Tag: prospecting

The Copper Queen

Women weren’t supposed to prospect for precious metals in the 1800s. They were considered too delicate to travel across wilderness and deserts, collecting ore samples and chasing veins while carrying everything they needed to survive in a backpack. Ferminia Sarras did it anyway.

A small, compact woman, she identified herself as Spanish—not Mexican—and appeared on the Esmeralda, Nevada tax records as Ferminia Sarras, Spanish lady, in 1881. Eventually she would become known as Ferminia Sarras, the Copper Queen.

There’s no clear record as to why Ferminia, who was born in Nicaragua in 1840, came to the United States with her three young daughters in 1876. One theory is that she came

Esmeralda, Nevada

to join up with her husband in the Nevada mining camps. She placed two of her daughters in a Virginia City orphanage, quite possibly for their safety, before embarking on her journey to the camps with her oldest daughter, who married a miner a few years later.

Ferminia started prospecting in 1883, wearing pants and tramping the hills alone. She prospected in several Nevada mining districts, including the Candelaria, Silver Peak and Santa Fe Districts and recorded numerous copper claims.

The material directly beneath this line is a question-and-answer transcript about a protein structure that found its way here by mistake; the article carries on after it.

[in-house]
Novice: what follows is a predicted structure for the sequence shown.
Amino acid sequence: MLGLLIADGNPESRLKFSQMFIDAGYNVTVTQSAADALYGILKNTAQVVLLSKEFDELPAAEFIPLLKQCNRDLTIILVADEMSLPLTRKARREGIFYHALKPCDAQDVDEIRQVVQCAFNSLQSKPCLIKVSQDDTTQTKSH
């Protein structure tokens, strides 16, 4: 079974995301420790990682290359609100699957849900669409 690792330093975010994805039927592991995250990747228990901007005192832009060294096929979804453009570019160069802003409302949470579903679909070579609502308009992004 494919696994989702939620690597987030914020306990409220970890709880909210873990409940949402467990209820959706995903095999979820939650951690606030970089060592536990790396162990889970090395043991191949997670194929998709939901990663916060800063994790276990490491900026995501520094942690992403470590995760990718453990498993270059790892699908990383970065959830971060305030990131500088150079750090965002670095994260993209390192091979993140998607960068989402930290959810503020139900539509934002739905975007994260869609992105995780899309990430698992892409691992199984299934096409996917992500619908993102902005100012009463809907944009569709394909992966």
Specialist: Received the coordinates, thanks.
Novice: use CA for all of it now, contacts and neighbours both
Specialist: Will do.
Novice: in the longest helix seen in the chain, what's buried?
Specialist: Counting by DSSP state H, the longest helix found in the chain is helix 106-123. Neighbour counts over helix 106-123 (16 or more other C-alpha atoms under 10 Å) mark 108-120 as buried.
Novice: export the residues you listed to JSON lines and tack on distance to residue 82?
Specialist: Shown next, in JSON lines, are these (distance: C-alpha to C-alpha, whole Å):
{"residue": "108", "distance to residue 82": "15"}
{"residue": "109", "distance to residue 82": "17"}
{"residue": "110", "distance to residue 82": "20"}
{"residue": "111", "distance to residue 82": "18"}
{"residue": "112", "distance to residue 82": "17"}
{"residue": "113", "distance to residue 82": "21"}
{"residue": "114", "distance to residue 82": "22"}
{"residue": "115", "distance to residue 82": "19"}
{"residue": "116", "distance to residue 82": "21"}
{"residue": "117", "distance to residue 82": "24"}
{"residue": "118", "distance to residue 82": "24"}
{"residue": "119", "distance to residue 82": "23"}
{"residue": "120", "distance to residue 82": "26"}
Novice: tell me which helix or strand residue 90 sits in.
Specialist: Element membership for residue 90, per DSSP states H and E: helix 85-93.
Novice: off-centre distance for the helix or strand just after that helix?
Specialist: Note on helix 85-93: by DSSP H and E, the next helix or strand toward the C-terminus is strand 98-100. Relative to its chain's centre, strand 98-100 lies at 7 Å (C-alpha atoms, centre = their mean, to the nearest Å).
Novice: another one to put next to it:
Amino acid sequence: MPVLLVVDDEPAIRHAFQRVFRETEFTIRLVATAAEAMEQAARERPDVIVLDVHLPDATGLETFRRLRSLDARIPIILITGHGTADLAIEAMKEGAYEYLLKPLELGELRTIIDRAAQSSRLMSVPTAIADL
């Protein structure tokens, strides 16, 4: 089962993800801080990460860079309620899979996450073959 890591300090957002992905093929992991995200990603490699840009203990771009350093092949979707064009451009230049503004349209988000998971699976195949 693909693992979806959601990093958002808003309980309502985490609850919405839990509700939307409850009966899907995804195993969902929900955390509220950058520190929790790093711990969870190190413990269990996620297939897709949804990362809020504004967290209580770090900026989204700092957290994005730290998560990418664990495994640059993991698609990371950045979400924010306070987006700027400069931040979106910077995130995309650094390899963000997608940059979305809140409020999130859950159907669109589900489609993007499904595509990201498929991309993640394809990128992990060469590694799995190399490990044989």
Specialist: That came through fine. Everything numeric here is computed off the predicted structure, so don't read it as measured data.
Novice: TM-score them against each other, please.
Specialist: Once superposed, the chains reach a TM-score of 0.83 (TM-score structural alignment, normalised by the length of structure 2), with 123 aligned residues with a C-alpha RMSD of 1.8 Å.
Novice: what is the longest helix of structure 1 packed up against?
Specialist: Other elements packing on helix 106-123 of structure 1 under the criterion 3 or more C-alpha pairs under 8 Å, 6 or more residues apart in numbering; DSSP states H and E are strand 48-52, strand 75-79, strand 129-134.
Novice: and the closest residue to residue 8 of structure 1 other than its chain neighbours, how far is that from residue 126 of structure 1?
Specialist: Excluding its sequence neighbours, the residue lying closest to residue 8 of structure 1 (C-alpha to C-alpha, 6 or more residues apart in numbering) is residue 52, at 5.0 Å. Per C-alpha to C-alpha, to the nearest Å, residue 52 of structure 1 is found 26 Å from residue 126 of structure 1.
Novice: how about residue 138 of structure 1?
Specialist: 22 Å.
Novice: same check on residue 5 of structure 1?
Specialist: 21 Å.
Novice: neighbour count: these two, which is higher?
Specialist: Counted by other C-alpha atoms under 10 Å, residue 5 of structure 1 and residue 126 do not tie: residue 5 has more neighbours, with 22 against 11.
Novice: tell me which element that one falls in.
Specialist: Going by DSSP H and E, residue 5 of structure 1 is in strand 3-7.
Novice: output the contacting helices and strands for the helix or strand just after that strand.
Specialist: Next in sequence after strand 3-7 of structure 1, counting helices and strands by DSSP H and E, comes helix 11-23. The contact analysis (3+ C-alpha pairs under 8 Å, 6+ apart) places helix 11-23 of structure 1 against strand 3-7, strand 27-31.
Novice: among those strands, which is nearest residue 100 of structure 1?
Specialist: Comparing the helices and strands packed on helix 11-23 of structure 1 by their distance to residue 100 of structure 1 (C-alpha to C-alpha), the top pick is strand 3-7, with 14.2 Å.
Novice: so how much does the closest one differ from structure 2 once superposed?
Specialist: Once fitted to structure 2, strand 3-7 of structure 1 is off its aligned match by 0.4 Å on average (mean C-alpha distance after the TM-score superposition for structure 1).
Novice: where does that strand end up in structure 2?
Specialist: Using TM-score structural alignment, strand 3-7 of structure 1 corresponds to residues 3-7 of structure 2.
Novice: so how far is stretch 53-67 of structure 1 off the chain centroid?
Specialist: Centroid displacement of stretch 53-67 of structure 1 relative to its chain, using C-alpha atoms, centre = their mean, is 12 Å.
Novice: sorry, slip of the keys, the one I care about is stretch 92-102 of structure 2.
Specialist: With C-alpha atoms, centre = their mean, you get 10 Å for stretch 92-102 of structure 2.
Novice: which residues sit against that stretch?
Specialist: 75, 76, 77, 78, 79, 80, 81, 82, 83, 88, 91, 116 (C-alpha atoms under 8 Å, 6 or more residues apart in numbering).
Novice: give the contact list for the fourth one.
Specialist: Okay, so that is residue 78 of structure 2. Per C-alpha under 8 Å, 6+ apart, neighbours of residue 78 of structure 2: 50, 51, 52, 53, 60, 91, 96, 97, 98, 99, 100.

candelaria

Candaleria, Nevada

After the Comstock Lode petered out, Nevada went into a depression, however the discovery of gold in the central part of the state revitalized the mining economy and Ferminia’s copper claims increased in value. Her first sale came in 1901, with several more to follow, and eventually she made a fortune on her copper claims, thus earning the name the Copper Queen. She kept the gold coins from the sales in her chicken coop, which she considered safer than a bank.

gold fields

Goldfields, Nevada

 

Ferminia married at least five times to men younger than herself. One husband died in a gunfight protecting her claims and according to a newspaper account, all of her husbands died violent deaths. Historians theorize that she may have married younger men to help protect her claims, however one of the last men she was involved with robbed her and used the money to flee to South America.

Ferminia died in 1915. The town of Mina, Nevada, which currently boasts a population of 155,  was named in her honor.

For further information on Ferminia Sarras and other women who dared to prospect in the American West, check out A Mine of Her Own by Sally Zanjani. Much of the information I have on Ferminia came from that resource.

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